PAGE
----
The grandfather of real-time strategy arrives on Switch with the typical M2 treatment. That means a pixel-perfect recreation of the original or if you wish, a number of indispensable modernizations.
Release date: September 24th, 2020
Price: $7.99 via digital download
Availability: Nintendo eShop
Sporadically, games are ahead of the time. Undoubtedly that was the case for Technosoft’s 1989 Mega Drive/Genesis title, Herzog Zwei (“Duke Two” in German). While the title incorporated some of the same overhead-perspective shooting that Technosoft popularized in Thunder Force and its sequel, the game also presented innovations that would later become popularized in real-time strategy games like Dune II, Command & Conquer, and Warcraft.
But revolutionary games don’t always receive the accolades they deserve. When Herzog Zwei was released in the West, the game received substandard review scores, with critics at Electronic Gaming Monthly notably panning the title. However, when the RTS genre began to flourish, some began reassessing Takashi Iwanaga’s creation. Once deemed perplexing, a number of gameplay elements had become commonplace, making things just a bit more comprehensible.
But that’s not to say that you’ll be able to immediately jump right in Herzog Zwei and have a rollicking good time in your transforming mech. Beyond the divergent nomenclature, the game had more a few idiosyncratic quirks.
Four Difficulty Settings that Range from Tough to Near Impossible
Thirty years on, SEGA AGES developer M2 is acutely aware of these complications. Instead of jumping right into battle against the CPU or an online opponent, it’s recommended that you head into the game’s training sessions. Don’t worry, these lessons are the type of dull, long-winded lectures found in most titles. Instead, you’ll be greeted by lively, anime-esque instructor as well as a succession of playful SEGA allusions. It’s not often that I feel like playing through a tutorial twice, but here I was tempted by not missing a reference.
Unquestionably, you’ll discover a game that with a multitude of tautly balanced mechanics. The core concept, protecting your base while attempting to besiege your opponents is straightforward. But it’s all too easy to lose track of your main objectives when you’re monitoring the nine outposts that serve as resource production depots. Yes, there are always multiple tasks needing attention in Herzog Zwei and success is often rooted in task management.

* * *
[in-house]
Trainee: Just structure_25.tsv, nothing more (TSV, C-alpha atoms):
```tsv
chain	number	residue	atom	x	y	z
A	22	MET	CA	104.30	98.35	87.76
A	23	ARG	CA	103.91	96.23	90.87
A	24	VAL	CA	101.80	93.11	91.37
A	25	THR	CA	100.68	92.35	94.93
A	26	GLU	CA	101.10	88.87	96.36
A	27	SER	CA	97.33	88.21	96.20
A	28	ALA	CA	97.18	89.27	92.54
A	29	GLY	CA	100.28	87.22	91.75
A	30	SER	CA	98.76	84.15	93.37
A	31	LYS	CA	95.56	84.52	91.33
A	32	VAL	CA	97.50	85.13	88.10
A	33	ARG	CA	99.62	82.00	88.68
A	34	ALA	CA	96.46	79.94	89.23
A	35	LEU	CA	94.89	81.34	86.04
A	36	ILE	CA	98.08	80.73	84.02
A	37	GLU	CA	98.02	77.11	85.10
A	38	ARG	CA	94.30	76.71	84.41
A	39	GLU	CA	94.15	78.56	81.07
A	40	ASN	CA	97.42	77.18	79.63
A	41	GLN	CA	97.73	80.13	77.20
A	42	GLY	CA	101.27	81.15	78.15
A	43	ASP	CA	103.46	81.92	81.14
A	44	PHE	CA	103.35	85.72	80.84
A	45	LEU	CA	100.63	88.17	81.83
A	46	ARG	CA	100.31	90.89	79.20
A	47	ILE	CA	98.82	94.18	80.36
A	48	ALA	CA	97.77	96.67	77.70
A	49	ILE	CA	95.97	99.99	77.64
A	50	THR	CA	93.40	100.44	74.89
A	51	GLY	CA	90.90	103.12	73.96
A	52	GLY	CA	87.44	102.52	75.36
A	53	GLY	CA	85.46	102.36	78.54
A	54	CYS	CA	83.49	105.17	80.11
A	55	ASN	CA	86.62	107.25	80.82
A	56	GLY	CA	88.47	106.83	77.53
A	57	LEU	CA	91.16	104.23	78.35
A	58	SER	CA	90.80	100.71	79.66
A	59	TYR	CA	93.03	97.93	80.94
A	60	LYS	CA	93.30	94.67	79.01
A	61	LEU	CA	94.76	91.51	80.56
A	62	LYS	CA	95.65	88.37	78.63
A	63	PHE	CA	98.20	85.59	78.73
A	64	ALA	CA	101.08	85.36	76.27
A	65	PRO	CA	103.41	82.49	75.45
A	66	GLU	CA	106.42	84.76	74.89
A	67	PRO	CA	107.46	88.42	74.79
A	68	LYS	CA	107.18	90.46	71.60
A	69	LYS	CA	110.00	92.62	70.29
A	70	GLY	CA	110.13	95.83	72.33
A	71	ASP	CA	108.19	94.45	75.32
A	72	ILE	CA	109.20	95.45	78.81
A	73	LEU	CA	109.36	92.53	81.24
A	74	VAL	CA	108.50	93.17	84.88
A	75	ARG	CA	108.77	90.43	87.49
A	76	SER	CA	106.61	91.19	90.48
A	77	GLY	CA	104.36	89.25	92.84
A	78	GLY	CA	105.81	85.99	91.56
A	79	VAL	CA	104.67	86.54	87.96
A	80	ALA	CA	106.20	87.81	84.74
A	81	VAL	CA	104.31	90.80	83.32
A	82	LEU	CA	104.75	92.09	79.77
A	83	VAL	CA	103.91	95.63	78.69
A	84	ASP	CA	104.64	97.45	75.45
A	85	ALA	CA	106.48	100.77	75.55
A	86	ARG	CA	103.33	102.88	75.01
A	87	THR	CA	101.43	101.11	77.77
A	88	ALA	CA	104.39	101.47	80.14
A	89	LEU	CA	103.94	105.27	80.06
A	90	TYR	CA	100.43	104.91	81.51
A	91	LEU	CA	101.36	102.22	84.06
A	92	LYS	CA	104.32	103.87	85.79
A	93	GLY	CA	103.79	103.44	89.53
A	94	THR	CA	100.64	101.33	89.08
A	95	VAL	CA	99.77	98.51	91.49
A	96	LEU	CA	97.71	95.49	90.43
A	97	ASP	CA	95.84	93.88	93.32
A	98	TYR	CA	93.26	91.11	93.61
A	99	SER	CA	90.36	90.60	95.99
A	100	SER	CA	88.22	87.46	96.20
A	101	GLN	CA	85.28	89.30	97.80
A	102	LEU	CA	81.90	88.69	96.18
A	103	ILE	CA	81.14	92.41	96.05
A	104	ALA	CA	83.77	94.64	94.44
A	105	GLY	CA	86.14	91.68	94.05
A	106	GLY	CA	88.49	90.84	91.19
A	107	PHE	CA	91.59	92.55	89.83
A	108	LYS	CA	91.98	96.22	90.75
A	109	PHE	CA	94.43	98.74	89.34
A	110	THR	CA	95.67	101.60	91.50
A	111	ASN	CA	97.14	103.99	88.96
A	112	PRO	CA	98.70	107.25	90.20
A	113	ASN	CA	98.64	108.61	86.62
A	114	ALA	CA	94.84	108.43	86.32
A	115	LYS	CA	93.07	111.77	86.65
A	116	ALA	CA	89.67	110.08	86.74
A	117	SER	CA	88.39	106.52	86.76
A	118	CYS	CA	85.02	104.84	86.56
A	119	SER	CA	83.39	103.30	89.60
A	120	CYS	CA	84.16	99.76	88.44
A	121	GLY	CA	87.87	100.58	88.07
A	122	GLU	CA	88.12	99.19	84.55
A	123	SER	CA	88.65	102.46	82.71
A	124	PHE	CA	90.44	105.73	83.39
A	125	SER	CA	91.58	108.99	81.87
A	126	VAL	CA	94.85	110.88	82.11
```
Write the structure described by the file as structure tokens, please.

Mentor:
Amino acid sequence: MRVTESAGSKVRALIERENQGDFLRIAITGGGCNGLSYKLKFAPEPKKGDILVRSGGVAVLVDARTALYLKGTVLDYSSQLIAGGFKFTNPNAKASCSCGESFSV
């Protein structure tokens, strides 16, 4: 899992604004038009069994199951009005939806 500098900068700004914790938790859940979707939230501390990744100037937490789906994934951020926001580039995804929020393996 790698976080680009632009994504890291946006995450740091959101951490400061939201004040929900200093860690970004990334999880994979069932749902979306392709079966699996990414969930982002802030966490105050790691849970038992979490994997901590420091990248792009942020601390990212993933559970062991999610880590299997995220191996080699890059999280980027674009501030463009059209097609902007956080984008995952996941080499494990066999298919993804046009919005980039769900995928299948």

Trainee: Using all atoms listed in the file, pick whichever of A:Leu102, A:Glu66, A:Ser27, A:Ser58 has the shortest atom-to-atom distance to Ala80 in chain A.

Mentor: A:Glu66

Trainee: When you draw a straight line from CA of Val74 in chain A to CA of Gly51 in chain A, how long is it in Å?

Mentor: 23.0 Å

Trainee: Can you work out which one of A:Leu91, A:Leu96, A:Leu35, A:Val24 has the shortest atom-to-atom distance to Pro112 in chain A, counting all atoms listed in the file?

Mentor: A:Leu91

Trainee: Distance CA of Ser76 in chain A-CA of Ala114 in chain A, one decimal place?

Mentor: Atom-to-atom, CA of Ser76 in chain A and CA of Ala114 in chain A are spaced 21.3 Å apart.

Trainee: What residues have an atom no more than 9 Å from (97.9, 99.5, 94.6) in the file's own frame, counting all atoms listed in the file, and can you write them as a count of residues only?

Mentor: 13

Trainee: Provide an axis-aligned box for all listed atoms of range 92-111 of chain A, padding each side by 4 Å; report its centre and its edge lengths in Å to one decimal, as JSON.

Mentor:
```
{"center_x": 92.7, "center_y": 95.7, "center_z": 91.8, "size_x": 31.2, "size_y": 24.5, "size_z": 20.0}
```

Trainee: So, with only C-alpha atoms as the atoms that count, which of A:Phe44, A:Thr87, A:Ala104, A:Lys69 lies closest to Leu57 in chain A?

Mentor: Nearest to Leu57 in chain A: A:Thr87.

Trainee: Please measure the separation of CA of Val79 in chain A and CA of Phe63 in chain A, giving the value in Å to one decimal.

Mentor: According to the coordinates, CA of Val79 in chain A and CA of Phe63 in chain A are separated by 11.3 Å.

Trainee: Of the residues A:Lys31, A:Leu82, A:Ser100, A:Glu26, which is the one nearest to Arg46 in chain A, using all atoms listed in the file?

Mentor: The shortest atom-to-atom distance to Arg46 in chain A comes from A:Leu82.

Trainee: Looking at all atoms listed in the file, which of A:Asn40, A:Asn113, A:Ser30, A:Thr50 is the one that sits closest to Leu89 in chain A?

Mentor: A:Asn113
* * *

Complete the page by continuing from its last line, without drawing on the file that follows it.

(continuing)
The Dream of Buying More Gatling Guns
But that’s not the only tension you’ll race. When your mech is in flight mode you’ll have to monitor your energy and munitions gauges. Expend too much and you’ll perish. While you’ll respawn at your headquarters, squandering even a few seconds can prove disastrous. Another sophistication is found in the multitude of ground troops types and commands. You’ll have access to everything from basic infantry, motorcycles, supply trucks and tanks, that can be given commands such to attack the main or minor base, assault on sight, patrol, or remain stationary.
Determining what the best unit and what type of order should be given definitely takes time. But there’s a soothing sense of satisfaction when your strategies can be realized with a few directional pad presses and button taps. While tedium is frequently a factor in these types of games, Herzog Zwei extends a selection of eight maps. Each obliges a different play style, with an aquatic setting requiring more boats or a lava-filled milieu requiring tense navigation, especially when you’re shuttling units about.
Save at Any time, or Use the Old Passcodes, like “JLJOIGBAOLH”
Smartly, M2’s Switch adaption makes effective use of the Switch’s widescreen format. Instead of the variety of wallpapers found in most of the SEGA AGES titles, useful data like mini-maps and ship status can be found on the border of the screen. In execution, this helps maintain a tense pace, since there’s no need to pause the action. Another perk is the ability to tweak variables such as base and fighter durability, unit cost, and production speed, permitting players to have control a bit more control over Herzog Zwei’s flow. Although you can opt for a pixel-for-pixel recreation of the original, the ability to remove the occasional instance of lag is pleasing. But arguably the biggest selling point is online play, which offered consistently reliable play.
As the final entry in the SEGA AGES anthology, the arrival of Herzog Zwei is a bit bittersweet. By laying the foundation for the real-time strategy genre, the game plays a critical role in game history. As with M2’s previous works, this adaptation is impeccable, extending a meticulous reworking of the original, as well as endowing the title with modern convivences. As such, it’s tragic to see the project come to an end. Still, M2 planner Tsuyoshi Matsuoka and the rest of the team couldn’t have picked a better project to end on. Let’s hope his aspirations of reinvigorating other SEGA title comes to fruition.
SEGA AGES: Herzog Zwei was played on Switch
with review code provided by the publisher